From selling 50 packets a day in 2006, ID Fresh now sells 50,000 packets.

From selling 5-paise sweets as a kid to running a multi-crore idly-dosa batter empire
news Journeys Of Triumph Wednesday, October 26, 2016 - 16:47

This story is part of The News Minute's 'Journeys Of Triumph' series. Read other stories in the series below. 

When he was 12, Musthafa ran a business out of his home in a remote village in the hilly Wayanad district. He had a smart way to raise money for it. He would go along with his father who worked in the fields. Musthafa’s wages were Rs 10 a day. With that money, he bought sweets which he sold for five or 10 paise to the neighbourhood kids during the summers.

Born into a family in Chennalode village in Kalpetta municipality, Musthafa is the eldest of four siblings.  

“I’m not sure if one can call it a home. With a roof that leaked and no light after the sun had set, it was nowhere close to a home,” recalls 43-year old PC Musthafa, who founded ID Fresh, a Bengaluru-based company that sells idly-dosa batter in four cities.

Musthafa’s childhood memories are dominated by his father Ahmed’s constant struggle to make both ends meet. “Uppa (father) used to earn Rs 25 a day.”

This was rationed between running the household and educating Musthafa and his three sisters. 

Despite this, his father let him keep the money. “He never insisted that I spent it for the family. I would save the money I earned. I was so naïve….my dreams were limited to my small village, which was my world… I was not even aware that there existed a world beyond it. All I wanted was to earn enough to build a house for my parents, and get my sisters married,” smiles Musthafa.

Failing in Class VI was a major turning point in his life. “I was never particularly interested in studies…the school was kilometres away. But my father always wanted me to have the education he never got. So I went back to school on his insistence. When I passed out of school, I was the topper,” he grins.

It was at the age of 15 that Musthafa first stepped outside his village to go to Kozhikode to pursue his ‘pre-degree’ studies. From there on, there was no looking back. He obtained his engineering degree from the Calicut Regional Engineering College.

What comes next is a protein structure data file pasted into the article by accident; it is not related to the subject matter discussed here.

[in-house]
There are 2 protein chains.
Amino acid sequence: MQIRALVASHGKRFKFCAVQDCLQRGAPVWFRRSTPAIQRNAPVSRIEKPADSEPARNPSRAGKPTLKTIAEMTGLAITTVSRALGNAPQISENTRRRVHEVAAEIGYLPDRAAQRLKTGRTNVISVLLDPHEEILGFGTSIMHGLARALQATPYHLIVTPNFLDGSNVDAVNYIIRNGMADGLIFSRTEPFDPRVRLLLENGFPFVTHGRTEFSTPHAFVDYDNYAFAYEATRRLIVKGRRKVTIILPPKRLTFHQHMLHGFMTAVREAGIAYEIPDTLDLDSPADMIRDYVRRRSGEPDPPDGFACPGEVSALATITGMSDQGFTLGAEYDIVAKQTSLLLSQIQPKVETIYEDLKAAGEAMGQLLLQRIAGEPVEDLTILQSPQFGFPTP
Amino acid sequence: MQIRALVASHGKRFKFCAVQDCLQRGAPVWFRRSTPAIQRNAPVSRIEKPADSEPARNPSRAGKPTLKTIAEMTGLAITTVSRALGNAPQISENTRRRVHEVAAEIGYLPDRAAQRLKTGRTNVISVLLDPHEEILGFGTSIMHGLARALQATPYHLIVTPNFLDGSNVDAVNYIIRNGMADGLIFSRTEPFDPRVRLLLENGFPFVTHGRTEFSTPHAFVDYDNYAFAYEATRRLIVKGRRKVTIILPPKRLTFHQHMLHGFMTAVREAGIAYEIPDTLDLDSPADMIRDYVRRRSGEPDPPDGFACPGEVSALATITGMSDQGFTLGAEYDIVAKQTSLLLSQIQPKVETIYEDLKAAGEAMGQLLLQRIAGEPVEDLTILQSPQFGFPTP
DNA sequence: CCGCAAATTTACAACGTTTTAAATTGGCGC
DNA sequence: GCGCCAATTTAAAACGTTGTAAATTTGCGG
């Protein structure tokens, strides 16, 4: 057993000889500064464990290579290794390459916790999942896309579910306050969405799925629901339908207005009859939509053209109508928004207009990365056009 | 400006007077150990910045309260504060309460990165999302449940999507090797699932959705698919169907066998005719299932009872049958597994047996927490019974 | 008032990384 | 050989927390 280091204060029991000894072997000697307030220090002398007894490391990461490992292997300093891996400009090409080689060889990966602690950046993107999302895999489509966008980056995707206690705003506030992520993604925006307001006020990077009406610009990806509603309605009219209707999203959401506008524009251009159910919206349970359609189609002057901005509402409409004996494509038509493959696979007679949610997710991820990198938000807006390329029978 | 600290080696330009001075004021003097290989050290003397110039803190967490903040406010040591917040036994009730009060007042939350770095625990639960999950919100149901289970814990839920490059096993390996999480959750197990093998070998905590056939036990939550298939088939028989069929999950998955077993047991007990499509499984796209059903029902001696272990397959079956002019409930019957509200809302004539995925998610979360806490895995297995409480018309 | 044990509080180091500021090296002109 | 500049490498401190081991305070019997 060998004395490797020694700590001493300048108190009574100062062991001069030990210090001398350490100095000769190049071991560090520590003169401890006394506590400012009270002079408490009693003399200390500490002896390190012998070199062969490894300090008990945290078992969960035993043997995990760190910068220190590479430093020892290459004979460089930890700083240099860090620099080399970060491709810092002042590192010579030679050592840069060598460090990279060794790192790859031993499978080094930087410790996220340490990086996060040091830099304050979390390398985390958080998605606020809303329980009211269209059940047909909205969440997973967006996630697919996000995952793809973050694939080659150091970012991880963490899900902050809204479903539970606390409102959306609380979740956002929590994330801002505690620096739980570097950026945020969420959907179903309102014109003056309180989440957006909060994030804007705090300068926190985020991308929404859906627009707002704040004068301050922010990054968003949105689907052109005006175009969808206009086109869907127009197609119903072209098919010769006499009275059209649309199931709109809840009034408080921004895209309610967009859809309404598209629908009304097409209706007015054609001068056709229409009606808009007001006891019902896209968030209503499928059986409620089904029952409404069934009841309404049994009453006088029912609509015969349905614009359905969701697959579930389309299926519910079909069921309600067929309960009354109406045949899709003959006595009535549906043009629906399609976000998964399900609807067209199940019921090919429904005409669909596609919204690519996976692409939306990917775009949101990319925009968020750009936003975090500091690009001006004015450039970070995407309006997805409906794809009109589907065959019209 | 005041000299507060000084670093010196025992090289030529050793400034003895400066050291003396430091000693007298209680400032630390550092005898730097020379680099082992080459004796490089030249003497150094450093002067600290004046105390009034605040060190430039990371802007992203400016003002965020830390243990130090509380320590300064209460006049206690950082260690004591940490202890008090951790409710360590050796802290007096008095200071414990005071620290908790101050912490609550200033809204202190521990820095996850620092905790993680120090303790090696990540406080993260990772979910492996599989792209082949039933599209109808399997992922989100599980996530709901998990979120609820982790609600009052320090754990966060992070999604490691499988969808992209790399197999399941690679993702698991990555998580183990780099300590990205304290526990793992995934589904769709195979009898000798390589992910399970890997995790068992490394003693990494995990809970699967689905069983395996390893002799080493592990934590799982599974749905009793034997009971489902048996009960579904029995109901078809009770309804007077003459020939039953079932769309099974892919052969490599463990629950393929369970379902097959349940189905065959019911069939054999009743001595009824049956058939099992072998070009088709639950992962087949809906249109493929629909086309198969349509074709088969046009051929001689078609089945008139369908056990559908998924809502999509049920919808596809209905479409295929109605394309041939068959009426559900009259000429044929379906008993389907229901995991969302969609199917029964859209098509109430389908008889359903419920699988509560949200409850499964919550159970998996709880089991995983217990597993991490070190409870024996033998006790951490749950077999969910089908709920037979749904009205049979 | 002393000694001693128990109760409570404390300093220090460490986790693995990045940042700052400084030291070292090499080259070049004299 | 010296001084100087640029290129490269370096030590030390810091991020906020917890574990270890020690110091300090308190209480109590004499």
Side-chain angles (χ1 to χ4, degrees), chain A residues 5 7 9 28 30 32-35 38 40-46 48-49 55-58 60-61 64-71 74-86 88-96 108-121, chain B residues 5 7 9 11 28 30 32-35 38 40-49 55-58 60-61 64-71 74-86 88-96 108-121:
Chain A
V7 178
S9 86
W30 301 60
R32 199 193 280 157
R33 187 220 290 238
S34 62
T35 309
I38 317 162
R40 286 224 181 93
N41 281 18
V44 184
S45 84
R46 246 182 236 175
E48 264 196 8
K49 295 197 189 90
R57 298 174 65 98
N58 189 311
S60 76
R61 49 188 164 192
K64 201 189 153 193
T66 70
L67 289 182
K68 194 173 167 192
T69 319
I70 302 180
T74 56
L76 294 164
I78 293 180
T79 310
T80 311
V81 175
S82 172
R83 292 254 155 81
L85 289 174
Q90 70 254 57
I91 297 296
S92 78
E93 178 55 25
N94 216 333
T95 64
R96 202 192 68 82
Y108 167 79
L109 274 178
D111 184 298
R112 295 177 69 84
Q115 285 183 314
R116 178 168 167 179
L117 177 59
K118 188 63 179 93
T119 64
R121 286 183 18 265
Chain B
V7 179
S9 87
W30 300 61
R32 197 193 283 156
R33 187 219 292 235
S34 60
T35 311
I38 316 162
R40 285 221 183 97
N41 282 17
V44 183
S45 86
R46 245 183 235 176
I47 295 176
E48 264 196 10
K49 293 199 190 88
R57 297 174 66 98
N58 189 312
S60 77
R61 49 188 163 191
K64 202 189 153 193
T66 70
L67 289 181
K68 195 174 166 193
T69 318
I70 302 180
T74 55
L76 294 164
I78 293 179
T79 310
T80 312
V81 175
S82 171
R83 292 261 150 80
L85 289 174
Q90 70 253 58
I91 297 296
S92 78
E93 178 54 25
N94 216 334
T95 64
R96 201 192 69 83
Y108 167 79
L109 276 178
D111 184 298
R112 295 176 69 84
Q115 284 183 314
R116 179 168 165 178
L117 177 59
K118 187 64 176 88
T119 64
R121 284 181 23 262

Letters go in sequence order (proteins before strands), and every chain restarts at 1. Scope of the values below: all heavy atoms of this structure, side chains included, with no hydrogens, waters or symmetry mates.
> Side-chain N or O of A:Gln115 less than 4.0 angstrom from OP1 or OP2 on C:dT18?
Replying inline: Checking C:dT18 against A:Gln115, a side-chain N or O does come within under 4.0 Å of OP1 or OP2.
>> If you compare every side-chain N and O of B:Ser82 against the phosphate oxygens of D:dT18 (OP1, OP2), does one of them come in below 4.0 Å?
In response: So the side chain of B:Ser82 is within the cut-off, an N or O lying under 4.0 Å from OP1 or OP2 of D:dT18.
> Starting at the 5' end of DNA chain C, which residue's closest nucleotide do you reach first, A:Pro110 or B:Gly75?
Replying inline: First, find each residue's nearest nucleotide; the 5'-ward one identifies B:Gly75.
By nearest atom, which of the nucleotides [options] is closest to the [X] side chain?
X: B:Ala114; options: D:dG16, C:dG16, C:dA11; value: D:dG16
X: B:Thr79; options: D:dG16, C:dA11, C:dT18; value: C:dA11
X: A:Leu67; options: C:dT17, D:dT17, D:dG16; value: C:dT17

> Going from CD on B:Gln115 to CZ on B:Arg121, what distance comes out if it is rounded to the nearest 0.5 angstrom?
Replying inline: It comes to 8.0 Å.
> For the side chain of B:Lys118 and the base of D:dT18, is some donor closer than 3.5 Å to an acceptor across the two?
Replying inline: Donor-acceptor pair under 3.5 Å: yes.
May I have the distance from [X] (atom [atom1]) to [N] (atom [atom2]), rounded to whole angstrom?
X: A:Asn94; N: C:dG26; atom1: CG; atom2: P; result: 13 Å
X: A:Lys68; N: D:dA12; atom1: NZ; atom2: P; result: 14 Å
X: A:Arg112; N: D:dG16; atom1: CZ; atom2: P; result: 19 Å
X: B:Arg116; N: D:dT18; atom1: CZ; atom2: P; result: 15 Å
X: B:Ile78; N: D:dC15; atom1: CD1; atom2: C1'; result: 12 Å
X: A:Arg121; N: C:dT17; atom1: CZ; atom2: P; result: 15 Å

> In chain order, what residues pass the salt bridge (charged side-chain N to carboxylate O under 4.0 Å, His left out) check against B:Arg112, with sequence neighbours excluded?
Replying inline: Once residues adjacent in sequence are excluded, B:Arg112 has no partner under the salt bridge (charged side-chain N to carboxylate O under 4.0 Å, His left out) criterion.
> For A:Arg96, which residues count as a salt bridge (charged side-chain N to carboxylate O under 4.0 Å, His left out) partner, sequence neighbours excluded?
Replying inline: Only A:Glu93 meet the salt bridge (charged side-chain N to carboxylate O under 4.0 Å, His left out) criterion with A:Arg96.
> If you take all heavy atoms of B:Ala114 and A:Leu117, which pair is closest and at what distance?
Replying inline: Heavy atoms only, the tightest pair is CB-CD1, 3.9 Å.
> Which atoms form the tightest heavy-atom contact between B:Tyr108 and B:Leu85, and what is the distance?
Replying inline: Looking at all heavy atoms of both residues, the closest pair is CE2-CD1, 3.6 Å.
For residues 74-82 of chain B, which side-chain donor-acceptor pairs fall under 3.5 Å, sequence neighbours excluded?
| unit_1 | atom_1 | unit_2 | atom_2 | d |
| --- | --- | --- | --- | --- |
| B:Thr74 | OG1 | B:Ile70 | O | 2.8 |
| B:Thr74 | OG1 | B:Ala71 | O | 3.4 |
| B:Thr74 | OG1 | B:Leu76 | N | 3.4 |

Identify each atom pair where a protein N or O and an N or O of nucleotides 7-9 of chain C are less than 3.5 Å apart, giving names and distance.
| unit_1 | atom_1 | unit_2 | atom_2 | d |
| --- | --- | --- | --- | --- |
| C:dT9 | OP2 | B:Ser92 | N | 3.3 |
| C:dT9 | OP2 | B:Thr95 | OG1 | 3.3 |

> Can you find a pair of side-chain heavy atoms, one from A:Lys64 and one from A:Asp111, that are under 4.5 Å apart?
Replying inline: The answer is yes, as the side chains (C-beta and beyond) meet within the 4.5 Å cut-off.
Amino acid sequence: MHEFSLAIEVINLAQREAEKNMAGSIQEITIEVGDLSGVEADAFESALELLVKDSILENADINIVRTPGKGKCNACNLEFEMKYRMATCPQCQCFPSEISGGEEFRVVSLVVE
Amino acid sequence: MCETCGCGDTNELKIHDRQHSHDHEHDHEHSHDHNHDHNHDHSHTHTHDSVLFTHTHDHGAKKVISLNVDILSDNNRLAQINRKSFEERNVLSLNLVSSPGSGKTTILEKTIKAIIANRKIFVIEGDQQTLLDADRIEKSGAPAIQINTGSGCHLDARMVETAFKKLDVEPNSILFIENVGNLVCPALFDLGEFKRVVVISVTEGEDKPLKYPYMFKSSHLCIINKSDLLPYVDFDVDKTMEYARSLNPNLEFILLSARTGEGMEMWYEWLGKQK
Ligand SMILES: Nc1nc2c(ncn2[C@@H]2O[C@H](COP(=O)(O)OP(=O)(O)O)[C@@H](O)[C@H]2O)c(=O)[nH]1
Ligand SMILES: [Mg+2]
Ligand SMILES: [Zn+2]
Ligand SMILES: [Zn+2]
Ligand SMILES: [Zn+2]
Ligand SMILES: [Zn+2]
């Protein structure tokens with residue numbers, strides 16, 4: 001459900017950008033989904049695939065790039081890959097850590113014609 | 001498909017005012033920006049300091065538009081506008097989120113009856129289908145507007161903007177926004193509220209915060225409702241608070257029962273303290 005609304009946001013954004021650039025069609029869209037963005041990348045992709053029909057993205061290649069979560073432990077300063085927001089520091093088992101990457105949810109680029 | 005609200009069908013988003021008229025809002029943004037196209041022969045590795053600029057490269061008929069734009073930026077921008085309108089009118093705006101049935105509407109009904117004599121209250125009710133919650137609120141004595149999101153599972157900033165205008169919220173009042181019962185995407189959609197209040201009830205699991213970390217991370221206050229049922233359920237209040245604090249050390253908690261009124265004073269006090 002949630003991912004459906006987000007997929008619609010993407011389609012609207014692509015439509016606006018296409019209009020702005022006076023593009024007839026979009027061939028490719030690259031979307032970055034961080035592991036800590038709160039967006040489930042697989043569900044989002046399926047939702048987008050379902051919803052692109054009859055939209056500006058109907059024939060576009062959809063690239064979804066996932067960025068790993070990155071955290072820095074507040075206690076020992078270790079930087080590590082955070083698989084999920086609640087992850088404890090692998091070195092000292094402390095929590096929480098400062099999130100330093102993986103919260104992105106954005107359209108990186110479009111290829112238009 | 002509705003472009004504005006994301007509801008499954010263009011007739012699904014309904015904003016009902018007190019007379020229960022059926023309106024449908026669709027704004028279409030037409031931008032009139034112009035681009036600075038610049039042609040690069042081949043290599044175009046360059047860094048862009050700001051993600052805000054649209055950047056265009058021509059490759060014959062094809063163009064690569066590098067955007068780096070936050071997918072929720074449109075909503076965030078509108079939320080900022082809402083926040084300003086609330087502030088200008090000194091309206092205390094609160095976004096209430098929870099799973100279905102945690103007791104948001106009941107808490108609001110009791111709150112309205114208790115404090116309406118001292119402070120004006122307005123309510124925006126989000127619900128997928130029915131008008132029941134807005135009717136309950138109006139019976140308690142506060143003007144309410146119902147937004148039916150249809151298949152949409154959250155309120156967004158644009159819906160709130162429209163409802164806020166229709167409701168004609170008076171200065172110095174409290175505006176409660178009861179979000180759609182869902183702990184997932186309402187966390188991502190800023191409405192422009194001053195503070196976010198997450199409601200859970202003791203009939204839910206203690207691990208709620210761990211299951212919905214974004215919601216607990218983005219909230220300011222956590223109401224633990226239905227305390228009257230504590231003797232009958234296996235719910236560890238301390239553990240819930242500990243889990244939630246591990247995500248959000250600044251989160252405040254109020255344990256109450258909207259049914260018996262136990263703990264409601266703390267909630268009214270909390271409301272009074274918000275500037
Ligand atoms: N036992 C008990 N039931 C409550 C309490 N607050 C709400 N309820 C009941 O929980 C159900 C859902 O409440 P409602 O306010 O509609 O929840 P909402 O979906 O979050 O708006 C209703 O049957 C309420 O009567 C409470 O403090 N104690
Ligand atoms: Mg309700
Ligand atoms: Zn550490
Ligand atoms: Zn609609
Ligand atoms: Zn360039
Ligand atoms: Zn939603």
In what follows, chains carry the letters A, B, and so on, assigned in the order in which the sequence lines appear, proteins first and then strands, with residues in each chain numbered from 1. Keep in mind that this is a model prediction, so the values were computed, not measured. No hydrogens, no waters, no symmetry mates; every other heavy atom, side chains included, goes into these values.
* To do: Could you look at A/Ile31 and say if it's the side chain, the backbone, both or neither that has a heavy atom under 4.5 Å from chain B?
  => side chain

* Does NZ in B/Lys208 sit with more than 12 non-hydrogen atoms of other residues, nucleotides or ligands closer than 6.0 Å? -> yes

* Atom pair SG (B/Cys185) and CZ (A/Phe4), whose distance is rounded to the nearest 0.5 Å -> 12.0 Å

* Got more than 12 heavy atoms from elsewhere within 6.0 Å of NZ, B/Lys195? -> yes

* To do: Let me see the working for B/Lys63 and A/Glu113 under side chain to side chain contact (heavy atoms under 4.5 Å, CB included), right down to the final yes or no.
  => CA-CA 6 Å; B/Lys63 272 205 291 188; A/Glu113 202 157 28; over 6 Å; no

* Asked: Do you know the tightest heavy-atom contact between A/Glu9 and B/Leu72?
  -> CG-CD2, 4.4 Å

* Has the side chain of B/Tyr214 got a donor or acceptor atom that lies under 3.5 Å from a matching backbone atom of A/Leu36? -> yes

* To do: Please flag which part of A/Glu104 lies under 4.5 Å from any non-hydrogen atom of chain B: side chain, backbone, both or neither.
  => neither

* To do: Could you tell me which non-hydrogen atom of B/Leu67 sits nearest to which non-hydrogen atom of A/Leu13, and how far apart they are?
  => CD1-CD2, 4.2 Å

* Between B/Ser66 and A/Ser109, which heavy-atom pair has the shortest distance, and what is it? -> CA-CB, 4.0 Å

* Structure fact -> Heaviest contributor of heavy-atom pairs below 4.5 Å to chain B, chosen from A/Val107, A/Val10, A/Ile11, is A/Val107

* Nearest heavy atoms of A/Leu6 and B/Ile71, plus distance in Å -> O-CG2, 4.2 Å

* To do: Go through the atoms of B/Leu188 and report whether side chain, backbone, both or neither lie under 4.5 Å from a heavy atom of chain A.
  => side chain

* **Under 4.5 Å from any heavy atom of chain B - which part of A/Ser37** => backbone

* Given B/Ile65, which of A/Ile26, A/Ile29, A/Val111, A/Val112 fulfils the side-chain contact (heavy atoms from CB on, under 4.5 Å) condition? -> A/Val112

The day he got first job – with Motorola in Bengaluru - back home in Kalpetta, his father heaved a sigh of relief. But it was only after much persuasion that his father stopped going to work.

PC Musthafa's mother Fathima and father Ahmed.

Over the next eight years, Musthafa worked in the UK and West Asia, before he decided to quit his well-paying job and return to India in 2003.

“Looking back, I realize that was a huge risk I took. By then, I had got the house renovated, and I had some savings too. But something did not feel right. I wanted to be with my parents, as well as do something for society. There was also this urge to pursue higher studies,” he recollects.

In 2003, Musthafa joined IIM Bangalore to pursue his MBA. In the bustling city, his cousin kept him company. The cousin had run away from home at 16 in search of greener pastures, and ran a ‘kirana’ (general provisions) store in Indiranagar. 

PC Musthafa along with the other co-founders. (From left to right): Shamsudeen TK, Jafar TK, Noushad TA and Abdul Nazer (seated)

During a brainstorming session, he and four cousins came up with the idea which eventually became ID Fresh. A man in their neighbourhood sold batter in plastic bags with no mention of the manufacturer. “But it still had many takers. We were convinced that if we offered good quality, we too would find a market for our product.”

In 2006, ID Fresh produced its first batch of idly-dosa batter from a 50-square feet room next to his cousin’s store.

“We had a mixer, grinder and a packaging machine in that tiny room. For the first few days, we could barely sell five packets a day. But within two weeks, we began to sell 50 per day.”

But a good nine months would pass before ID made a name for itself in the market. They set up a larger kitchen in the same neighbourhood to increase the daily production to 100 packets.

In 2009, the company opened its first plant in Karnataka’s Hoskote, and expanded operations to Chennai. However, competing with local unbranded sellers proved nearly impossible at the time, and the company incurred losses for nine months.

"That was the time we could not pay salaries. So we shut down the Chennai operations," says Musthafa. 

But in 2011, it was producing 3,000 packets every day. The company continued to expand, both in terms of the number of kitchens, and the number of products. A year later, they re-launched the product in Chennai three years later. “Now, we are doing well in the city,” Musthafa says.

A decade on, ID Fresh sells eight products, including half-cooked Malabar ‘porotta’ and chappattis in Bengaluru, Chennai, Mysore, Hyderabad and Pune.

From Rs 100 crore in 2015, the company’s turnover has gone up to Rs 170 crore this year. The team hopes to touch revenues of Rs 1,000 crores in the next 5-10 years. 

"We made Rs 430 as profit the first time. This went on for a couple of years, during which none of us sought any returns. In the last two years, we have revamped the company, with professionals employed in every department," Musthafa says.  

As Musthafa continues to weave his dreams to the making of a business empire, his now 66-year old father still finds the going unreal.  "Uppa keeps asking me whether all this is for real," he laughs. 


Also read: From a single pushcart to TN's trusted greengrocer, Kovai Pazhamudir Nilayam's phenomenal rise

Once a cleaner at Hyderabad's famous Niloufer cafe, this man now owns it

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